The results were very promising.

In an article written by Children’s Hospital Boston, Dr. Puder explained the results that showed that parenteral nutrition without the fat makes the liver fatty, and by adding the Intralipid, it becomes even more so.1 "That fat becomes more or less a fuel that burns the liver, causing it to become inflamed....But the Omegaven is an anti-inflammatory lipid that prevents fat build-up in the liver. So if there's no fuel—fat—there's no fire—injury."1

The results were so promising that on September 26, 2004, the team at Boston Children’s Hospital started the first child on Omegaven. They saw improvements in one week, and a month later the child’s liver function tests were good enough that he was taken off of the transplant list. In most children, during the first month or so the direct bili (liver function test) goes up and then comes down. It is known as the Omegaven roller coaster. But, during this time you get to watch your child turn pink again.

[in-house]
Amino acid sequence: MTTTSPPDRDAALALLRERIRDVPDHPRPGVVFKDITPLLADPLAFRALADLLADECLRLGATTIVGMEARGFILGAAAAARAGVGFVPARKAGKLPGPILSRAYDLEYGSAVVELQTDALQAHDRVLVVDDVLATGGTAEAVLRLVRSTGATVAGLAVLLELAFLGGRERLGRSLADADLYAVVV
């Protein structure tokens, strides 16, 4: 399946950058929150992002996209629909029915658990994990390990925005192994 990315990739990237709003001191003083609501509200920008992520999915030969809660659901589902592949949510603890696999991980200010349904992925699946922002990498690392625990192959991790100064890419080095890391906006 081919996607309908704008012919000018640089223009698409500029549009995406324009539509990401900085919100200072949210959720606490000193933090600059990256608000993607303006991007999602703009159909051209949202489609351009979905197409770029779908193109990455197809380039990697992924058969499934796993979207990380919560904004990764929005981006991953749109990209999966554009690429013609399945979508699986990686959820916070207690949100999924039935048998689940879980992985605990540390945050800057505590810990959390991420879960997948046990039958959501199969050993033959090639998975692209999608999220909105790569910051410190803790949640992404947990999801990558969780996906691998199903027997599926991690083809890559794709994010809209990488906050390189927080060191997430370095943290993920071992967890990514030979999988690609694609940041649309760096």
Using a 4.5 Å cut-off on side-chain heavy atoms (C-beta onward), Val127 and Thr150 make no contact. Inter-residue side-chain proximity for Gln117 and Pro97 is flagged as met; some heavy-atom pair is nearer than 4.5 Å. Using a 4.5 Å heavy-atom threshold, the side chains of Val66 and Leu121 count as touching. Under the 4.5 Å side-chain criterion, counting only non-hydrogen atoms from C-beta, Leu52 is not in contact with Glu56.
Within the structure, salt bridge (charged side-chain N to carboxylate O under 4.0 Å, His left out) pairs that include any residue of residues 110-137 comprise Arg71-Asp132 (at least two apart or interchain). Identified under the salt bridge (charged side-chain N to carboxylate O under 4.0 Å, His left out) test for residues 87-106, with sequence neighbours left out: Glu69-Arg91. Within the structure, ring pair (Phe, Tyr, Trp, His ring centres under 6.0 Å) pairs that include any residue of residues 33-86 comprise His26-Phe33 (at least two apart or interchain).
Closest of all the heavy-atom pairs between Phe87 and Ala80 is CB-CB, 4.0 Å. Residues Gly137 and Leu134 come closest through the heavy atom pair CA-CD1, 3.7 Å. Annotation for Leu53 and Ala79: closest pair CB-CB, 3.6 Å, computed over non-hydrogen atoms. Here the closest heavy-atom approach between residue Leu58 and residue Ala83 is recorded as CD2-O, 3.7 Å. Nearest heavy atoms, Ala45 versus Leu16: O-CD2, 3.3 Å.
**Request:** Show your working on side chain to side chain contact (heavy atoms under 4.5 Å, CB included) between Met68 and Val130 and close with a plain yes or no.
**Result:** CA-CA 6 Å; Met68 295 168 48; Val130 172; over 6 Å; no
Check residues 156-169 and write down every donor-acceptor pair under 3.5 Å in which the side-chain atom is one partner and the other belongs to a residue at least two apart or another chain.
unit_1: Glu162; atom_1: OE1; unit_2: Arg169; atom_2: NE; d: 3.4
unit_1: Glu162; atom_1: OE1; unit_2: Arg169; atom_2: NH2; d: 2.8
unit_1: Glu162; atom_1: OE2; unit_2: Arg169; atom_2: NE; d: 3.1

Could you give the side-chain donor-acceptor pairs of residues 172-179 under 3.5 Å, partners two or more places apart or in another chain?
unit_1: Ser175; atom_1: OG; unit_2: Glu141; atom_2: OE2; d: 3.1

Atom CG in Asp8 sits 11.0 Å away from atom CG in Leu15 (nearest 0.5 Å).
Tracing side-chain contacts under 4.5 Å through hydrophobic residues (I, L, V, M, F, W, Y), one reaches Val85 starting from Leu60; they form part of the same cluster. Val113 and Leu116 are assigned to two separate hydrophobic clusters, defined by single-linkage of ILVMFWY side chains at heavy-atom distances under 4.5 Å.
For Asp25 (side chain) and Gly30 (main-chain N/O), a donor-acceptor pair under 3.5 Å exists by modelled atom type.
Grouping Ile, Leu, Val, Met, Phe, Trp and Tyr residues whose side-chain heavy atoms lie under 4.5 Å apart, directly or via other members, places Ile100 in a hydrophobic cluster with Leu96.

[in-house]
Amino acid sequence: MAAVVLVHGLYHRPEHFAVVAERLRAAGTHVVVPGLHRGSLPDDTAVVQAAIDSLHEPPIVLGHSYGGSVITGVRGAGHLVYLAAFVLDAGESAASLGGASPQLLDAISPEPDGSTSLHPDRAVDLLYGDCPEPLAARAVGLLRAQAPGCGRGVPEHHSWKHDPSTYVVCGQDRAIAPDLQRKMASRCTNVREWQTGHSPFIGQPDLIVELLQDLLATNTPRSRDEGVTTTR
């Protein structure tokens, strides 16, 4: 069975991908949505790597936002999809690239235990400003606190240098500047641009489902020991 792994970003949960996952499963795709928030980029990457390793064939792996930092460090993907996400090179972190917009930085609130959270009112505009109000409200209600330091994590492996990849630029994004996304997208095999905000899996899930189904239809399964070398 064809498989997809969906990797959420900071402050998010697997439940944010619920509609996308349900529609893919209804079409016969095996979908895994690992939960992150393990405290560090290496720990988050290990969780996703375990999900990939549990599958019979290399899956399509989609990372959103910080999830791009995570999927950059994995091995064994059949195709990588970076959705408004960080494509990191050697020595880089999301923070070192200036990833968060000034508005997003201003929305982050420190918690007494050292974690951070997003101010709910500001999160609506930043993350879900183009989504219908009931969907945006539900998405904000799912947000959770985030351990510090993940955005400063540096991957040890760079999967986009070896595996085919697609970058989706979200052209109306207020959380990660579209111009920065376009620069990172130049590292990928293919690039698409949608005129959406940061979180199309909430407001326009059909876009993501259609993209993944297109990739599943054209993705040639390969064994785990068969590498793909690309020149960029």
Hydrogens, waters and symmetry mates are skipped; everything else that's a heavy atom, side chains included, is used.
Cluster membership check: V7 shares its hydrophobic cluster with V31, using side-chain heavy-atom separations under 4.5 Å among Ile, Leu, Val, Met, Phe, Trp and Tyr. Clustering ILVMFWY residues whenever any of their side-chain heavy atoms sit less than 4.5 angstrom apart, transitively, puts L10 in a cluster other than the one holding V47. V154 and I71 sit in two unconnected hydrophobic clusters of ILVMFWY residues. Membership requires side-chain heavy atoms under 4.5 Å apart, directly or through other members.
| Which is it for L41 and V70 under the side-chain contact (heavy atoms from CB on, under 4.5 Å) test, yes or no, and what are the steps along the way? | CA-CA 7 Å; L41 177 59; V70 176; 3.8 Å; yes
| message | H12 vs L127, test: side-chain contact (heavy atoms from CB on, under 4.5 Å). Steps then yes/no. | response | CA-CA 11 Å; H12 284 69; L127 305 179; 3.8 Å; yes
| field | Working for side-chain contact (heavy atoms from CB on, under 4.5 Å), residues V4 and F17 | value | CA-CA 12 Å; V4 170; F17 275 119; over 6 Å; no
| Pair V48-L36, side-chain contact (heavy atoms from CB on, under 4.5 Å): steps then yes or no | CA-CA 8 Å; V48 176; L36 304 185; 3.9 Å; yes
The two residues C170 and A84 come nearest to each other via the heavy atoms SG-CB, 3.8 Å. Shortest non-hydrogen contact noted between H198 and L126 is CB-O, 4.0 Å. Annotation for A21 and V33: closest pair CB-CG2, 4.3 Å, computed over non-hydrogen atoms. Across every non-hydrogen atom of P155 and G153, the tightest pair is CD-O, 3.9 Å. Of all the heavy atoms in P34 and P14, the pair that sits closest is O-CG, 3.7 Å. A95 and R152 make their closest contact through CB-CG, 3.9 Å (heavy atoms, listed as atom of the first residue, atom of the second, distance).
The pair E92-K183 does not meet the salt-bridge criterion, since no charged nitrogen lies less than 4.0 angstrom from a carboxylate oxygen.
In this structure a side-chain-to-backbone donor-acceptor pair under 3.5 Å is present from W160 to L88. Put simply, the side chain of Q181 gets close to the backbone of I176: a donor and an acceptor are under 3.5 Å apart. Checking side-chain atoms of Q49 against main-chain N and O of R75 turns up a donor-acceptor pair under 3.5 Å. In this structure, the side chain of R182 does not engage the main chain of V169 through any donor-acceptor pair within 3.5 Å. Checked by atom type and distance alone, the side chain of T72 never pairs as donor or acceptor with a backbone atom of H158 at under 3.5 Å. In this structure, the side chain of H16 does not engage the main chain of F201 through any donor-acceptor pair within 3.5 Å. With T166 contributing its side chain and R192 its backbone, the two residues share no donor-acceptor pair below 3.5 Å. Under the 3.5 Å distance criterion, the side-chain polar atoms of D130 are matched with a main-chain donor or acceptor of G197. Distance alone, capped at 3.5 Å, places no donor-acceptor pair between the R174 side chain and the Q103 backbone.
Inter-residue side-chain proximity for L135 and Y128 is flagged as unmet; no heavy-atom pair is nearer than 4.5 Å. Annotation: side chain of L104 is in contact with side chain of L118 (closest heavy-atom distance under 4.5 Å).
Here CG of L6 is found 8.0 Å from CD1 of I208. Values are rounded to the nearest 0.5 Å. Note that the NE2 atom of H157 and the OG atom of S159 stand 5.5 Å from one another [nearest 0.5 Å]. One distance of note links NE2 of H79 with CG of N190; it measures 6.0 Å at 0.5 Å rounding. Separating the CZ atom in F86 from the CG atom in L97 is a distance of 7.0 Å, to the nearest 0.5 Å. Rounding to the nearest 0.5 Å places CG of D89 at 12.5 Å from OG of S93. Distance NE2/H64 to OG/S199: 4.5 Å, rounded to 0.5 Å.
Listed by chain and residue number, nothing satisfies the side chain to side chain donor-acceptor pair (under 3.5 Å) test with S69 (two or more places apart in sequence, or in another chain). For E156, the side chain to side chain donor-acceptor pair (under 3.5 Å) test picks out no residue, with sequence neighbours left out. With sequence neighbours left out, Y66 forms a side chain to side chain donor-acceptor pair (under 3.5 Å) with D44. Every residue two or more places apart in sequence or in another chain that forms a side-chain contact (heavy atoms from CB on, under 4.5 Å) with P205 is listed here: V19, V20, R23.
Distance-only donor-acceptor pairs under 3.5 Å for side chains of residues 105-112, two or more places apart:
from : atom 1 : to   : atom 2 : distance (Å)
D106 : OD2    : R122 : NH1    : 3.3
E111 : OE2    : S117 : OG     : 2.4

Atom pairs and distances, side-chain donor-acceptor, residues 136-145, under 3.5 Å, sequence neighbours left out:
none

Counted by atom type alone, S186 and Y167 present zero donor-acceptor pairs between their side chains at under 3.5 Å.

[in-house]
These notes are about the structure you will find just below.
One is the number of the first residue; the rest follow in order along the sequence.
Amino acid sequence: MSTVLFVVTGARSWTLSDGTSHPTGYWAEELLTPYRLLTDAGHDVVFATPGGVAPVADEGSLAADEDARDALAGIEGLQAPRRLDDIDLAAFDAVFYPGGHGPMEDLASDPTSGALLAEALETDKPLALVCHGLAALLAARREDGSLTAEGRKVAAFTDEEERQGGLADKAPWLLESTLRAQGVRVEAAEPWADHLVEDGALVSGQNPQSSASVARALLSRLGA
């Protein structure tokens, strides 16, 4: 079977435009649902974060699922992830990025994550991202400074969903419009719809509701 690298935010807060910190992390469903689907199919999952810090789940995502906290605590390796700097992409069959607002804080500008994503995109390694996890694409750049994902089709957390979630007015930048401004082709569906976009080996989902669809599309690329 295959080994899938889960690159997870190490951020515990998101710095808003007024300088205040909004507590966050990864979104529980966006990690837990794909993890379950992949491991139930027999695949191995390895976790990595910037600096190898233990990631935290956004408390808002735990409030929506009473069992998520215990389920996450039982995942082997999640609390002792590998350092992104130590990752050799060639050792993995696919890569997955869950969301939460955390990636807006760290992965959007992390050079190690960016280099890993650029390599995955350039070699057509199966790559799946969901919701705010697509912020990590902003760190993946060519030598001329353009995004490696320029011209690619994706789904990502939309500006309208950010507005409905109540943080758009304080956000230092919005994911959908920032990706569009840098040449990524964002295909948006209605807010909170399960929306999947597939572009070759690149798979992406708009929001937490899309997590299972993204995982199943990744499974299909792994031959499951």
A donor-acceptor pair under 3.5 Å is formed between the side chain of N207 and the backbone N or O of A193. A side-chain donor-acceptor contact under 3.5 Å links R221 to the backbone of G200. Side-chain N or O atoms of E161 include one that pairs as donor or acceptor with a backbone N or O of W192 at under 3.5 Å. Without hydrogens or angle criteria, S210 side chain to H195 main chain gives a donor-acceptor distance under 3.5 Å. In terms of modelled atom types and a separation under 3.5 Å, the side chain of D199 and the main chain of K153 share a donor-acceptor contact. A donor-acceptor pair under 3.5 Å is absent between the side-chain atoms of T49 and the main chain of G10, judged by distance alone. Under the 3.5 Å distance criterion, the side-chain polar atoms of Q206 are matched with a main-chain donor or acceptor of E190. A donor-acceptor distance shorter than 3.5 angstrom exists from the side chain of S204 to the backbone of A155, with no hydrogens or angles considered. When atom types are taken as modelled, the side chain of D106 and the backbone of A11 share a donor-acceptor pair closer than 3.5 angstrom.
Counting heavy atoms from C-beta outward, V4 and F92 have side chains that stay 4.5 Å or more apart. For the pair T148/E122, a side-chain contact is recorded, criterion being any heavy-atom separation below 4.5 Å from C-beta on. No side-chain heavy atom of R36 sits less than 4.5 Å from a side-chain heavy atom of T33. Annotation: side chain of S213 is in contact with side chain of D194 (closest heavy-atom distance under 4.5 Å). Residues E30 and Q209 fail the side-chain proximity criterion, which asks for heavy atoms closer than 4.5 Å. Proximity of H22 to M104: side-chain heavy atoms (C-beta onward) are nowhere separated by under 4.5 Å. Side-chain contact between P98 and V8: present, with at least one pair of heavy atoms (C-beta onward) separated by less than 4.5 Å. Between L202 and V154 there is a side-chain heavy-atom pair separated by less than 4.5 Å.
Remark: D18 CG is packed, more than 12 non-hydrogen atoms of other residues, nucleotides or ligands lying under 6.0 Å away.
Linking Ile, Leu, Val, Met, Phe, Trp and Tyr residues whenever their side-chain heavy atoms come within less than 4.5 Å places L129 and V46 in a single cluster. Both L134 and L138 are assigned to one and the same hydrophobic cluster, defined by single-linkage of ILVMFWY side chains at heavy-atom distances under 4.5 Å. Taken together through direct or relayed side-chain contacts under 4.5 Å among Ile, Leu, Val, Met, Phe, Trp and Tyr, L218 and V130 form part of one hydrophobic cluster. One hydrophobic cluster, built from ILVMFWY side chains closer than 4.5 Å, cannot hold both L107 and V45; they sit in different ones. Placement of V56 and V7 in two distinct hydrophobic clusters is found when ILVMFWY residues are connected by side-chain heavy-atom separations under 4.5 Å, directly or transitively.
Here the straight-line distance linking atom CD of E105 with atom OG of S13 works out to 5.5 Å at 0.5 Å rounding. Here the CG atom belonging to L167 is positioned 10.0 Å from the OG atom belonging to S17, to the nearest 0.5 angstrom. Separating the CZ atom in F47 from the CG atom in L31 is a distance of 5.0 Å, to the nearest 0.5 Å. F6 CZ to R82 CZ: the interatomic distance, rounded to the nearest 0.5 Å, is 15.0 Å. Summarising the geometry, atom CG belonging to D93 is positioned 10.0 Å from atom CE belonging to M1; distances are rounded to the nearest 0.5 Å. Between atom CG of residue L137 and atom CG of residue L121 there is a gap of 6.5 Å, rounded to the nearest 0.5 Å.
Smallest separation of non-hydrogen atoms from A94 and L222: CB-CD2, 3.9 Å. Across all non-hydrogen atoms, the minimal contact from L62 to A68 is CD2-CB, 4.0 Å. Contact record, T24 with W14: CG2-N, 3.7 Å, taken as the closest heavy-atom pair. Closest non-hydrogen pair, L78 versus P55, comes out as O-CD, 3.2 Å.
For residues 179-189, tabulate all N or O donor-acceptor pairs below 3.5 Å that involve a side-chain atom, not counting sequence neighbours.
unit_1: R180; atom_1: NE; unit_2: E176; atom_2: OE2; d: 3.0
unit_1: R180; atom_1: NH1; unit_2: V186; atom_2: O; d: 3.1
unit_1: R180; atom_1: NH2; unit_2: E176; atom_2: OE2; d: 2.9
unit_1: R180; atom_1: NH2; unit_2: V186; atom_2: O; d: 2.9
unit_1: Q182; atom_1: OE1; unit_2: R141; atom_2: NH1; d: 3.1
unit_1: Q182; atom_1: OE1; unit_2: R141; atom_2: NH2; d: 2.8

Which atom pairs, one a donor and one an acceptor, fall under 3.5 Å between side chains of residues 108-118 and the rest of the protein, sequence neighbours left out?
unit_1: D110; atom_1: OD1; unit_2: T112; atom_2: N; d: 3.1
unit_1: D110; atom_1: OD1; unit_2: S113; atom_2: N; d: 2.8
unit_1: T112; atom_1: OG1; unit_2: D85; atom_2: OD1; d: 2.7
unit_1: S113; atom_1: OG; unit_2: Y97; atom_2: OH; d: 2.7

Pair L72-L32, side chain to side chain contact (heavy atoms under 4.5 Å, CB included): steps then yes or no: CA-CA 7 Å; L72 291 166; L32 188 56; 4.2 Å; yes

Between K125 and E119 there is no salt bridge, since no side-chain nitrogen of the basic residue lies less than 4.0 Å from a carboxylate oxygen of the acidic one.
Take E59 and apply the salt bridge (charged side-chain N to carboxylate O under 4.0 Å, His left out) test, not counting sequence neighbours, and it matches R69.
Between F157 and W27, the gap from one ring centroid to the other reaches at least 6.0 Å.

Ellie's bili chart

Some hospitals are using Omegaven in combination with regular vegetable oil-based lipids such as Intralipid. Dr. Gura commented on this, stating, “Based on published papers, it appears that children with PN liver injury do better with Omegaven alone (not mixed with Intralipid). The Diamond paper from Canada actually shows this, although they still like to do the combination until the child fails and then they switch them to plain Omegaven.”2

To date Children’s has treated 166 children with Omegaven and administered over 100,000 doses. Omegaven has helped almost all 166 children, but the team has learned that the faster these children get on Omegaven, the better they do. Using it as a last resort or rescue is not always successful. The damage to the liver is already done.

How to Get Omegaven

Omegaven has not been approved by the FDA to be used broadly. Because of this, it has a Compassionate Use Only status, meaning that it can only be used if it will save the child’s life. To show that the child needs Omegaven, he must have failing liver function tests, including a direct bilirubin number greater than 2 mg/dL, indicating liver damage called cholestasis.

In the beginning, patients had to transfer to Boston to get Omegaven therapy. Now, thanks to the passionate outreach by Puder and Gura to the medical community, it has been used by almost every free-standing children’s hospital in the United States. Physicians can also apply to be able to administer Omegaven themselves, and the Boston Omegaven team has gone so far as to publish their therapy instructions with the Oley Foundation, a support group for those who rely on TPN.